Content-type: text/html Downes.ca ~ Stephen's Web ~ On the roles of function and selection in evolving systems

Stephen Downes

Knowledge, Learning, Community

Phys.org calls this finding "nature's missing evolutionary law". You know of course that I want to somehow relate it to Connectivism. This would obviously be a stretch, but it's tantalizing. The researchers identify three major traits of evolving systems: "Each system is formed from numerous interacting units; in each of these systems, ongoing processes generate large numbers of different configurations; some configurations, by virtue of their stability or other "competitive" advantage, are more likely to persist." Such systems demonstrate three "orders" of selection: first order selection, which is stability; second order, "core functions" such as "dissipation, autocatalysis, homeostasis, and information processing"; and third, novelty, "adding new functions that promote the persistence of the core functions essentially raises a dynamic system's 'kinetic barrier' against decay toward equilibrium." "Accordingly,"write the authors, "we propose a 'law of increasing functional information': The functional information of a system will increase (i.e., the system will evolve) if many different configurations of the system undergo selection for one or more functions." Also here, with more authors listed. See also: Neuroscience news. Silicon Republic, Interesting Engineering.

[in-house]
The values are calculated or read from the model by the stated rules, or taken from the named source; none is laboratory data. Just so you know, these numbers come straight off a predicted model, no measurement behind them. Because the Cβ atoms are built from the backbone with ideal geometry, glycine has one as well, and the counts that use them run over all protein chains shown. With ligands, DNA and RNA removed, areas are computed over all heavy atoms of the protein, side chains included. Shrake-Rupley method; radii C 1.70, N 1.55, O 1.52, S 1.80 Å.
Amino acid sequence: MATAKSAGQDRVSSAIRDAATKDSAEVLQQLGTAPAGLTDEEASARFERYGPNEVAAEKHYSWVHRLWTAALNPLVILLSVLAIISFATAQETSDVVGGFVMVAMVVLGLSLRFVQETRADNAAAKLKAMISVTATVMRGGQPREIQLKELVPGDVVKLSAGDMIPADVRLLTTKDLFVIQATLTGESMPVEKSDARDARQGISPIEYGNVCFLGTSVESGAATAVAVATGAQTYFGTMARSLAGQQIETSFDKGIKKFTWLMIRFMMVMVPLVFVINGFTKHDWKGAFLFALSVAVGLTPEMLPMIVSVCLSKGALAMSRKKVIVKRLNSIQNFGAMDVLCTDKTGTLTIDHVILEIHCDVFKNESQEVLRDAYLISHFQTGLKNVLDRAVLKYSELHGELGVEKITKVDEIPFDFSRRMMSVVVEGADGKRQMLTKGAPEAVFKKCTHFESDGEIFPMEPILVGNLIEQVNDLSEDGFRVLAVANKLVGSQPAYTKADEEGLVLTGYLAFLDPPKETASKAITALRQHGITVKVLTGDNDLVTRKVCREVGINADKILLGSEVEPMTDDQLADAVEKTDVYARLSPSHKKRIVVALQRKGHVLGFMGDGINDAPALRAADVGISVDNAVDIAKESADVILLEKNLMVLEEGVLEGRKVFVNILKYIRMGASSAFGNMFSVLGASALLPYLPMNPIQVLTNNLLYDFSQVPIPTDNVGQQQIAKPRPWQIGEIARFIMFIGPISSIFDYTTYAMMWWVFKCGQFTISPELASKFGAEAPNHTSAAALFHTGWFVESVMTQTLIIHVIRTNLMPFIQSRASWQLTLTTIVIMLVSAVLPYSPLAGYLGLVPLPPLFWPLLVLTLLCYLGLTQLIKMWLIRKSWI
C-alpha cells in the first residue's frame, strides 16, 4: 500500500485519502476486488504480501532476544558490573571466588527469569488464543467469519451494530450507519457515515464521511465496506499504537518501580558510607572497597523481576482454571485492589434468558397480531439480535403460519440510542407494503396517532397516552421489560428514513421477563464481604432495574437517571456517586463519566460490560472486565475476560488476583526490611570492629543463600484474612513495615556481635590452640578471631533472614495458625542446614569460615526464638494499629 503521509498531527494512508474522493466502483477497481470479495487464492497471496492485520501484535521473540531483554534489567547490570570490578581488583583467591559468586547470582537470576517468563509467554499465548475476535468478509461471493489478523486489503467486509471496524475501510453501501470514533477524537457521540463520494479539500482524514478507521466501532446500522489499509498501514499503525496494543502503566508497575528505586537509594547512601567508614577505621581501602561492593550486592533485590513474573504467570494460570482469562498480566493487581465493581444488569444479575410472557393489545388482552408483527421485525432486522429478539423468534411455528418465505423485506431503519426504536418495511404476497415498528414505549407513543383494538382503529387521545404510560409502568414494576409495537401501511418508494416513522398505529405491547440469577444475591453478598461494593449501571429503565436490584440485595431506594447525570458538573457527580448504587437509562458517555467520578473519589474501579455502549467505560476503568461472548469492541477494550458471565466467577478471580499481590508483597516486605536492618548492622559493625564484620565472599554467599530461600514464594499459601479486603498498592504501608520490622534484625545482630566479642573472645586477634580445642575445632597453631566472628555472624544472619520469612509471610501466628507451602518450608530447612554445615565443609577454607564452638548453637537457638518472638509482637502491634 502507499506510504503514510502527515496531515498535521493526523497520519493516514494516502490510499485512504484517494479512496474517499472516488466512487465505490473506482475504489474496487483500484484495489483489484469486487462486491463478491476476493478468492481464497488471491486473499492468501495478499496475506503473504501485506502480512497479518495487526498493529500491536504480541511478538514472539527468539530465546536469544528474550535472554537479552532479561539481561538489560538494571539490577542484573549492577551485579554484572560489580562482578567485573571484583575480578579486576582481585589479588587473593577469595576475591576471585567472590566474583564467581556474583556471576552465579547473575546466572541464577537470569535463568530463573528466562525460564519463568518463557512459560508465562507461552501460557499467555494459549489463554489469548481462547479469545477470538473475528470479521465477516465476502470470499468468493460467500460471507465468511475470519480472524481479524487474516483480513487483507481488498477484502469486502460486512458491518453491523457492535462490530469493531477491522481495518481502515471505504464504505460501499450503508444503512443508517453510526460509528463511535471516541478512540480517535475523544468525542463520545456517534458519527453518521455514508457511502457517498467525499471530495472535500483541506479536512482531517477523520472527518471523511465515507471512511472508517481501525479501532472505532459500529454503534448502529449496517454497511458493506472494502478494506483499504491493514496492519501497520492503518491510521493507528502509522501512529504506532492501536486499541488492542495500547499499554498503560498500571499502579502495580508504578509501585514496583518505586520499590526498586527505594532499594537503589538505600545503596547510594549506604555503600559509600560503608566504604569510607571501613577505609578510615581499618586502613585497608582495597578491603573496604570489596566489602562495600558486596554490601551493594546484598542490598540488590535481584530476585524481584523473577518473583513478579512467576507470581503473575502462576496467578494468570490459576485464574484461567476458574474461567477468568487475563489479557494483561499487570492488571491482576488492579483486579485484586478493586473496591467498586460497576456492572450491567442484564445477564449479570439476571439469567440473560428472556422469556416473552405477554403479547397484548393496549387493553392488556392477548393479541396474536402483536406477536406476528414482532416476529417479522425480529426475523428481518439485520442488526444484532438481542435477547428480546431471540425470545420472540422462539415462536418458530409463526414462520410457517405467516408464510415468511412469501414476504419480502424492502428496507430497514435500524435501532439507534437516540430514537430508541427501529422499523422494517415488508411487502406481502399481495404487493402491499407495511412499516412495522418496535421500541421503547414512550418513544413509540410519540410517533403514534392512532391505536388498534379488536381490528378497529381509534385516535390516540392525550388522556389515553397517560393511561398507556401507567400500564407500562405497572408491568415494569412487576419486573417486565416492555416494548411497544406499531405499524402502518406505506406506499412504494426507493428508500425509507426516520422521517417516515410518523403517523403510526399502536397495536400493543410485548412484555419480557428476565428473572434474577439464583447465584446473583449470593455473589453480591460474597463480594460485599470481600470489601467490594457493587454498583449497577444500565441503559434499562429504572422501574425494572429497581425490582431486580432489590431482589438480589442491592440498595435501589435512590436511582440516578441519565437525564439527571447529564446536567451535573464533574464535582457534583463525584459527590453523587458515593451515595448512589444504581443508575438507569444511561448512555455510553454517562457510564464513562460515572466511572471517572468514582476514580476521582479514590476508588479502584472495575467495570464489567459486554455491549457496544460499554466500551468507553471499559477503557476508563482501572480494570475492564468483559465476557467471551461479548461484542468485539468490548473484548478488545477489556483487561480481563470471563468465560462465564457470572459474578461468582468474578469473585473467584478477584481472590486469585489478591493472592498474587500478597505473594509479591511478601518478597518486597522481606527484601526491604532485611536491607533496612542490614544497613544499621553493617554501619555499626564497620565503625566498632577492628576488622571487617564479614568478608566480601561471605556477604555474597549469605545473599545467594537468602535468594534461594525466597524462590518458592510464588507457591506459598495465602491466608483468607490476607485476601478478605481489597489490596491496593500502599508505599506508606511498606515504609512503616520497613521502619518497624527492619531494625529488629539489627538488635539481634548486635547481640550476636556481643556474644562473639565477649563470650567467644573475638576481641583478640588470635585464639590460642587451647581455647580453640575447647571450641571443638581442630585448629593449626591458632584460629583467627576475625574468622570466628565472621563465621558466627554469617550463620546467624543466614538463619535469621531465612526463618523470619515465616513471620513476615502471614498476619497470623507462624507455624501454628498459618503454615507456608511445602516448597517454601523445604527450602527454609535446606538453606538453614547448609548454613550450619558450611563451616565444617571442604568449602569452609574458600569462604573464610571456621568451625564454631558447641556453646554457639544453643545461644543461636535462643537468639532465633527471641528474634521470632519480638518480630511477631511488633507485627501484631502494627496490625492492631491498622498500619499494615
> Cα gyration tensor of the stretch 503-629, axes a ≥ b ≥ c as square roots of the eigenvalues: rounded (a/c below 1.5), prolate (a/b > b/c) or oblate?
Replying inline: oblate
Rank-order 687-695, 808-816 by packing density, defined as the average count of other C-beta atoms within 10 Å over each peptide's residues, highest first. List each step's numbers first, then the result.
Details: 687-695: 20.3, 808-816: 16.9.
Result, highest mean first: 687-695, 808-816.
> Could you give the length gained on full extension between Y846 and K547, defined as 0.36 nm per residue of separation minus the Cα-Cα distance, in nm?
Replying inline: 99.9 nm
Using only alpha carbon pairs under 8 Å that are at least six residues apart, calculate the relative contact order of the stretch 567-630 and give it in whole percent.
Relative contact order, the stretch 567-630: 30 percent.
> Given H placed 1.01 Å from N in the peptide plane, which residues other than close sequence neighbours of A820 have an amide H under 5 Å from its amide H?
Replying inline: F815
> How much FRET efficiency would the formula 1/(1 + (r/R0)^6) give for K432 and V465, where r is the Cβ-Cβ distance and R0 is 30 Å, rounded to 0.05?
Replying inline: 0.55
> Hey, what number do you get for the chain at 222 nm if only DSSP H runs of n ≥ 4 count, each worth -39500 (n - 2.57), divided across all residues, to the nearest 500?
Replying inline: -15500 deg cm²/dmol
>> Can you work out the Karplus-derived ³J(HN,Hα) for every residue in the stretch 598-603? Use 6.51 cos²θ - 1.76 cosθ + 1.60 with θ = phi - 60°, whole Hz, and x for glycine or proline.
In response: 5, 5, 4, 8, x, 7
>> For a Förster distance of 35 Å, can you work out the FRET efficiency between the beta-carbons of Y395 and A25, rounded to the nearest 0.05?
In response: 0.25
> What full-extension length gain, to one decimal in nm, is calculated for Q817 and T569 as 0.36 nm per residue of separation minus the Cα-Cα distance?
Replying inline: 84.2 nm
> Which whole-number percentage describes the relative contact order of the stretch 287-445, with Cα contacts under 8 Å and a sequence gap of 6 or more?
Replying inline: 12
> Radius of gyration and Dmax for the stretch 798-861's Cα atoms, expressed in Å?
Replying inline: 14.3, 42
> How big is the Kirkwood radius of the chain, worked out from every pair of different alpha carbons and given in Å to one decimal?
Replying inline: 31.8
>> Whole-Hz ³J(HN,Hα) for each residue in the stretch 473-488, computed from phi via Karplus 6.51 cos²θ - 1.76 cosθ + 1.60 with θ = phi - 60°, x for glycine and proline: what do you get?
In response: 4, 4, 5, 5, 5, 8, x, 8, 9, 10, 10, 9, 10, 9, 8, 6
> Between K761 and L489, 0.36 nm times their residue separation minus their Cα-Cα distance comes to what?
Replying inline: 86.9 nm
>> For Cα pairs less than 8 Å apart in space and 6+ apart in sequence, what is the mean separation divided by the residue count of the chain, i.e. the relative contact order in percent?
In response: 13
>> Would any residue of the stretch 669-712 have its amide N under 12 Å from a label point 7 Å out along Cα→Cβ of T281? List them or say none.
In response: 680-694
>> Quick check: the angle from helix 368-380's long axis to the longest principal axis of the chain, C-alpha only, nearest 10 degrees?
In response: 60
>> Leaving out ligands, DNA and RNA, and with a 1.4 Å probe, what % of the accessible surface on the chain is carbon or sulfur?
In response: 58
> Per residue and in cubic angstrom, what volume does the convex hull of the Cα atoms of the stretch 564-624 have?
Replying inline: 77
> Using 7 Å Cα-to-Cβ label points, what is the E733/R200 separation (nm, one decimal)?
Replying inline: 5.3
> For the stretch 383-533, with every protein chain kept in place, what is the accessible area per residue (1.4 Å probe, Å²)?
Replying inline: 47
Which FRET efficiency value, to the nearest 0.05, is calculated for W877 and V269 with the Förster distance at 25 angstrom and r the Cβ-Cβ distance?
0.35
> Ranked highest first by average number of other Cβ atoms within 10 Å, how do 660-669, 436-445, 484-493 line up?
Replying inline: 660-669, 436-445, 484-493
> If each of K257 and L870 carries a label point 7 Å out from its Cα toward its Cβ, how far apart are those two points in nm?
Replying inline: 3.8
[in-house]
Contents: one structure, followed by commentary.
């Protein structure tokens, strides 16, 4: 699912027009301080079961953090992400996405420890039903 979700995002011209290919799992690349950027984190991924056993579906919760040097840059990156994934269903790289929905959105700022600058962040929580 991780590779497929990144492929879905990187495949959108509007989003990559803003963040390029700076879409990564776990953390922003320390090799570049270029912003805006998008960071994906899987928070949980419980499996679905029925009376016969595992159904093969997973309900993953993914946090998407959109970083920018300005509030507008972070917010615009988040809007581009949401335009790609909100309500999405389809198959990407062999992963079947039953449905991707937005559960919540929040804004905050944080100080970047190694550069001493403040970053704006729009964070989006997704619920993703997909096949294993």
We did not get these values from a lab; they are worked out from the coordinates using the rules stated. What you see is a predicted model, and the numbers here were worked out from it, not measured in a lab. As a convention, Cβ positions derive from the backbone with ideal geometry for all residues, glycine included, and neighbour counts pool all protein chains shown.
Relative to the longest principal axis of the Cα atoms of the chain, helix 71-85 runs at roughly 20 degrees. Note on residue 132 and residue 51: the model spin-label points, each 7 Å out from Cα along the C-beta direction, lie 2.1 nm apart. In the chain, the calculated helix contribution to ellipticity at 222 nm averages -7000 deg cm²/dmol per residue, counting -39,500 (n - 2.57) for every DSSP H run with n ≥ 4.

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Stephen Downes Stephen Downes, Casselman, Canada
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